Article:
The most troubling part of the way this book played out though is the idea that if you love someone, you will keep their secrets.  The storytelling style suggests that there is something beautiful about loving someone enough to keep their dirty little secrets.  I do not like or agree with that.  Is it really loving someone to let them live under the weight of their own secrets, to have their entire life tainted by what they’ve done? To take away any chance at true redemption, because in order to confess they will be exposing your secrets too?  I don’t think love was so much at play here.  Maybe initially the characters were driven by love to cover up for each other, but after that it becomes self-preservation, to not tell the secrets of others because if they do, they will have to confess to theirs as well.  That’s not pretty, and it’s not true love.  It’s not love to doom someone to a lifetime of fear that their secrets will eventually come out, and to bind them to do the same for you, because no one wants to be the person who tells.

Needless to say, the ending was not satisfying to me.  Throughout the book, “debts’ are referenced in Nic’s internal monologue, the debts that everyone must pay to each other.  A macabre credit/debit system.  But the thing is, with this story, no one truly pays off their debts.  Instead they add more and more, paying “bills” with a proverbial credit card, until I can’t honestly see how they aren’t crushed by the weight of it all.  There is no hope for redemption here, no hope for true beauty in the future, not as long as these secrets remain hidden, and that’s sad.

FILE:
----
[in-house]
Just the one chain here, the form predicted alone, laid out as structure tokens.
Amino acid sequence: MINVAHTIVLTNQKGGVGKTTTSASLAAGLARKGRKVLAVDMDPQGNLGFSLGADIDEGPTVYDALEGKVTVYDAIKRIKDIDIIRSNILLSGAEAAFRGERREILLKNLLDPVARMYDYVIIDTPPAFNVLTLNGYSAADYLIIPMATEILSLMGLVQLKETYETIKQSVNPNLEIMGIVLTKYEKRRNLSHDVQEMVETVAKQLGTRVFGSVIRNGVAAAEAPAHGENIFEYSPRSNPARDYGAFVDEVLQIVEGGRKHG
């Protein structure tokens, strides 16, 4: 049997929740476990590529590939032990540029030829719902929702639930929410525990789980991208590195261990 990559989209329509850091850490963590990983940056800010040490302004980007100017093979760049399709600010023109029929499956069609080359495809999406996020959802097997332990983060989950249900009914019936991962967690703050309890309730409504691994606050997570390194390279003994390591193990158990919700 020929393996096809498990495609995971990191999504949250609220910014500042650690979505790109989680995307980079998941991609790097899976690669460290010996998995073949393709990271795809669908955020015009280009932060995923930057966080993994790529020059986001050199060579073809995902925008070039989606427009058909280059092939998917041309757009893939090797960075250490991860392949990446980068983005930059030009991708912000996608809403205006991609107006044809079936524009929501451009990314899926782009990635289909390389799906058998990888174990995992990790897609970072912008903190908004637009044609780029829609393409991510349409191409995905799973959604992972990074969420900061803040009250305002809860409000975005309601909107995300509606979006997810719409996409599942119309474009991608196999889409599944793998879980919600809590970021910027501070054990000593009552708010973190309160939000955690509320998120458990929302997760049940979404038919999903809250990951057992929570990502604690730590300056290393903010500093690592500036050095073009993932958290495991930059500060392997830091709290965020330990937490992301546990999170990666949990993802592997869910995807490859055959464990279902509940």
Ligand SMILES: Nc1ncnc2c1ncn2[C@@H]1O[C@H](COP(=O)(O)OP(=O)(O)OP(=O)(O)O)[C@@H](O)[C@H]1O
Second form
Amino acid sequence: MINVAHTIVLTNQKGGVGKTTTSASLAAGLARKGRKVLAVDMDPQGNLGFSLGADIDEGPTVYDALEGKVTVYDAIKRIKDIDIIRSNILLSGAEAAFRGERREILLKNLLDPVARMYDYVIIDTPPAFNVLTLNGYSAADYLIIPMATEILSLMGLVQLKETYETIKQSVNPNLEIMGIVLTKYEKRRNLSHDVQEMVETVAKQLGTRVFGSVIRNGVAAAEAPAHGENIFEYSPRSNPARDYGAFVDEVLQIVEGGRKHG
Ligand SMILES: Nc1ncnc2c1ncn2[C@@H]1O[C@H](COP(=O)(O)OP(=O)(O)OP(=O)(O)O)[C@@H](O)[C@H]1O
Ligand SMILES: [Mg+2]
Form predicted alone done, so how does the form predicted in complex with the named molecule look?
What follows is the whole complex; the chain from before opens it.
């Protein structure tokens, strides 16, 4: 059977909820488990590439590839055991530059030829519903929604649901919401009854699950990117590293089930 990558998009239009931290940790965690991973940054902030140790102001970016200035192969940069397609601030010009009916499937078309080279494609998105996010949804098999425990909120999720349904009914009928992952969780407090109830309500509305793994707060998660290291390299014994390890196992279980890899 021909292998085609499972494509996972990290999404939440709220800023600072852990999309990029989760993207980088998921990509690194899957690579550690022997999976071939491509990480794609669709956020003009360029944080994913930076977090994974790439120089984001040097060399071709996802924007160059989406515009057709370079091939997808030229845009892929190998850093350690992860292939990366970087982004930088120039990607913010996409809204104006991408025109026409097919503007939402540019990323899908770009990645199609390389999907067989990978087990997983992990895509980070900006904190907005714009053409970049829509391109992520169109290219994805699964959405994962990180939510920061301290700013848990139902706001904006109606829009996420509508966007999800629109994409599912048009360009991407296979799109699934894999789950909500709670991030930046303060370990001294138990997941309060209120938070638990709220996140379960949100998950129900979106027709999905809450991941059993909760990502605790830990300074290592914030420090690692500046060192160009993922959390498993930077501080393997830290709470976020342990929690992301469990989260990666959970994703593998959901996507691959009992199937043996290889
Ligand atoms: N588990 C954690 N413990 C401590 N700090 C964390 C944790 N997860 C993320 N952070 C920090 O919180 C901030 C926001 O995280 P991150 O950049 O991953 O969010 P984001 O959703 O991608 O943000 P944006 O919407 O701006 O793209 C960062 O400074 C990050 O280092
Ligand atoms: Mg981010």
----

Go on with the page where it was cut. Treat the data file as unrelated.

This book, weirdly enough, reminded me of the hope we have in Jesus.  Maybe seeing such a stark contrast, everyone desperately trying to hide their sin, emphasized to me why the Gospel stands out as something blindingly beautiful, something you would never think of on your own.  People have always tried to pay our own “debts” but we never can.  What is missing in this book is the truth that we can't and don’t have to pay our own debts.  Jesus died to pay our debts for us, and when we confess our sins and turn to Him, He will wash the slates clean.  The cleansing comes only from Him, after the “secrets” are told.  That is where we find redemption.  That is true love.  Salvation through the blood of Jesus is the only thing that can really give someone hope for a brighter tomorrow, untainted by buried sin.

Note: I received a digital copy of this book for free through NetGalley.  This is my honest opinion.



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Michelle said...

I LOVE the way you wrote this review. It's so helpful.

Callie Nicole said...

Ah, thanks Michelle! I'm trying to be a little more detailed with secular book reviews so people know what they are getting into. :-)